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  • Injection moulded dish antenna with vacuum metalisation

    Discussion in 'Plastic moulding' started by GarethW, Aug 8, 2012.

    1. GarethW

      GarethW Chief Clicker Staff Member

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      I'm considering making a dish antenna (130mm diameter) from a plastic injection moulding with vacuum metalisation.

      Three major issues:
      • Dish profile needs to be very accurate ideally no more than +/-0.2mm deviation from the intended shape
      • Needs to operate between -40 to +80degrees C so needs good dimensional stability over this range
      • Needs to be low-cost

      Any ideas on a suitable material choice?
       
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    3. Camid

      Camid Well-Known Member

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      Don't think you need anything too exotic or expensive. polyethylene and polystyrene are not hygroscopic. Polystyrene is very easy to mould I am told. Mind you I suppose with vacuum metalisation you have sealed it against water .... maybe.
      0.2mm tol on a 130mm dia part sounds fair (assume it is very simple shape) Of course these are not robust plastics.
      There is a very good moulder near Stansted that could help - www.[B]bktooling[/B].co.uk
       
    4. maniacal_engineer

      maniacal_engineer Well-Known Member

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      .2mm repeatabilty over 130mm is certainly doable, but .2mm accuracy over that distance is a little tougher. Make sure any ribs are less than .6 times the thickness of the face. You might want to look at a glass filled bulk molding compound used in compression molding, not quite as cheap as injection molded and less regrindable I think, but very good dimensional stability due to the long fiber glass.

      If it must be injection molded pay attention to how it is gated. If there is a dead spot in the center of the antenna then it could be gated there to get even filling.
       
    5. Mark Stapleton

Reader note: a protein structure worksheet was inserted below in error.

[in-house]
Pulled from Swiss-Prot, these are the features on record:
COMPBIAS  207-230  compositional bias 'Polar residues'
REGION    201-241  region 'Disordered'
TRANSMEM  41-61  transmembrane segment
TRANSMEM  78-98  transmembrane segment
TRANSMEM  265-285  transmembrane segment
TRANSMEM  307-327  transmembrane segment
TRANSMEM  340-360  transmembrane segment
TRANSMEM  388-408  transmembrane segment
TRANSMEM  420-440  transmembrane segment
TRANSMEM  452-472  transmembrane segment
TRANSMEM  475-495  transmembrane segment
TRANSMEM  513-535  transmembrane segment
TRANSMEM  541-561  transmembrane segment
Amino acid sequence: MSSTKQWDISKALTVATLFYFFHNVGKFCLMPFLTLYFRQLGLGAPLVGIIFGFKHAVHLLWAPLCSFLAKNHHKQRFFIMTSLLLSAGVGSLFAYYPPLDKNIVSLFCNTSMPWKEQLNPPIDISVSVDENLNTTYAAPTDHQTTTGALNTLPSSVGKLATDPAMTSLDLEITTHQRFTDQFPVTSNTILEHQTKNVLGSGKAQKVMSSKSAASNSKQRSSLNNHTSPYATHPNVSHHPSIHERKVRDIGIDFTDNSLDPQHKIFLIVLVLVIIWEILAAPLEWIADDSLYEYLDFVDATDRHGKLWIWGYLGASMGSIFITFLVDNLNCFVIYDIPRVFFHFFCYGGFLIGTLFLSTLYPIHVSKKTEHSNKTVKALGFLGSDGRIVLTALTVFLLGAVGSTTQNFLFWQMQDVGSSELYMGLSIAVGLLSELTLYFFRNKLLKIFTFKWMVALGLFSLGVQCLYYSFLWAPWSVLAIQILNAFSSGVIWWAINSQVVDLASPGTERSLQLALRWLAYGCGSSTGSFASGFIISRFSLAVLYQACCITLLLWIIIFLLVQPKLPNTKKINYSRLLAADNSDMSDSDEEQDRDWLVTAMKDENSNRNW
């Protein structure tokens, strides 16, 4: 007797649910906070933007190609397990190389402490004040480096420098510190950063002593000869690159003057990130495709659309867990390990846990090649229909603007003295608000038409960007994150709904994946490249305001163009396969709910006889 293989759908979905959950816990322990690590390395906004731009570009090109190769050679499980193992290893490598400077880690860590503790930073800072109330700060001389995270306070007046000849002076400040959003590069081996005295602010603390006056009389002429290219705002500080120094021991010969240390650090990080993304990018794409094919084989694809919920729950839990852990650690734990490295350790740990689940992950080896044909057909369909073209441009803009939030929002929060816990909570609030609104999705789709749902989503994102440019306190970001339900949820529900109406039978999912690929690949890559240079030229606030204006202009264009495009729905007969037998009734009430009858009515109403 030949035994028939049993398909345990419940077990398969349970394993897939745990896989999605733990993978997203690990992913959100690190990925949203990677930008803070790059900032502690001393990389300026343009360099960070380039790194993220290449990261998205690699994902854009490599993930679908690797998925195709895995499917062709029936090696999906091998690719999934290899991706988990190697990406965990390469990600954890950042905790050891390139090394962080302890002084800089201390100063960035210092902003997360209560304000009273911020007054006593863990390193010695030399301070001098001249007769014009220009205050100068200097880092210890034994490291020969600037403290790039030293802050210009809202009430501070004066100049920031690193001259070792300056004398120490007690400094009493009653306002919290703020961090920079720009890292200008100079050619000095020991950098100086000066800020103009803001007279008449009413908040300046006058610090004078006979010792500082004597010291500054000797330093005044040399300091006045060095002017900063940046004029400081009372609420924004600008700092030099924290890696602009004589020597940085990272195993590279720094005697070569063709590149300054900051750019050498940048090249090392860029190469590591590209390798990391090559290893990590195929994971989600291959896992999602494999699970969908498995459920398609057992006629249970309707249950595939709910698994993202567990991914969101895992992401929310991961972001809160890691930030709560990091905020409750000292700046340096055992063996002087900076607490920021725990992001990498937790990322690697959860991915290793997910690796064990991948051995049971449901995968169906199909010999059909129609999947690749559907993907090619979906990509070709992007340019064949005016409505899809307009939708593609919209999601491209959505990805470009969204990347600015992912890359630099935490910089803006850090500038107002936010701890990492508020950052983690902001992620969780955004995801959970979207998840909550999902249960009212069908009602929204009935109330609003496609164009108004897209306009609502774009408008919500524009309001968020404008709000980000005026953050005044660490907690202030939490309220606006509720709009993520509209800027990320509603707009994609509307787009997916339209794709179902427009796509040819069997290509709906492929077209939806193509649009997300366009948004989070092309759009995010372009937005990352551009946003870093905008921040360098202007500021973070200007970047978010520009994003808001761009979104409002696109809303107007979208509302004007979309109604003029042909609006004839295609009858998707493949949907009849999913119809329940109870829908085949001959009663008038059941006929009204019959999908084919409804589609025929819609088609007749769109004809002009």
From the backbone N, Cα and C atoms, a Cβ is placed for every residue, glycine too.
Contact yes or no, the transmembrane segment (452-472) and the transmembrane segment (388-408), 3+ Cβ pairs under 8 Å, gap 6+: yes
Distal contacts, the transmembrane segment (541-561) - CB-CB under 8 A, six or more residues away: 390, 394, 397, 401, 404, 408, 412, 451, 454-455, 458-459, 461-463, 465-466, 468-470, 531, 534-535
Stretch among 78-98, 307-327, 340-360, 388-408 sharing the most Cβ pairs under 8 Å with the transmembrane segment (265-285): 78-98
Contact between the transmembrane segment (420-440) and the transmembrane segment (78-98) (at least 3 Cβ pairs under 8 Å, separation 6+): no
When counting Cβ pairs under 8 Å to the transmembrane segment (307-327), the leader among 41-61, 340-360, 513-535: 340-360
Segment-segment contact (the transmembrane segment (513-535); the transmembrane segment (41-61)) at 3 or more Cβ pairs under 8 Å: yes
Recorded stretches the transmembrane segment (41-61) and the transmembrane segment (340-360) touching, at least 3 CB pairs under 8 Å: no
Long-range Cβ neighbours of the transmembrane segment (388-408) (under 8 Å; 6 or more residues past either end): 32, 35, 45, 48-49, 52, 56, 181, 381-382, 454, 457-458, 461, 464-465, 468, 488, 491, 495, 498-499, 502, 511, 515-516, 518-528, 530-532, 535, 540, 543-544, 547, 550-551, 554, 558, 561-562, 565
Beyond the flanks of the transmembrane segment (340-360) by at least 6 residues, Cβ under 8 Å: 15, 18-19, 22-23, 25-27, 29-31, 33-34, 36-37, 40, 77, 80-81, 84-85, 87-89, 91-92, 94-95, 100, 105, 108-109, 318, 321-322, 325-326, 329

Mark Stapleton Active Member

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      I believe you'd find that dimensional stability would be improved by the use of structural foam with glass fill. This is the kind of material used for heavy duty crates with open cell rib structures. Of course gas assist and glass fill
      can be done by many injection molders, but there are also specialty molders for structural foam, and I'd suggest you contact one of those before you commence actual design.
       
    6. GarethW

      GarethW Chief Clicker Staff Member

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      Thanks to you all for the help. This has certainly given me a few ideas. I have sent out drawings for this part to be made in a variety of ways including moulding. To be honest I'm hoping to deep-draw this part from aluminium because I think it will turn out be the cheapest way. I'll see how costs and tolerances look for all the options, but you've certainly given me some great ideas and a few things to consider if the injection moulding route looks favourable.

      That said, I would really love to do an injection mould with vac-metalisation for maximum coolness :cool: (mmm... just imagine that shiny mirror finish), but we'll see.....
       
    7. Camid

      Camid Well-Known Member

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      How did this work out in the end?
       
    8. GarethW

      GarethW Chief Clicker Staff Member

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      Looks like we need more metal for thermal management anyway so the likelyhood is that it'll be a casting.
       
    9. Franz_fladic

      Franz_fladic Member

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      if the quantity is ok, aluminum die-casting maybe is the good way.
       

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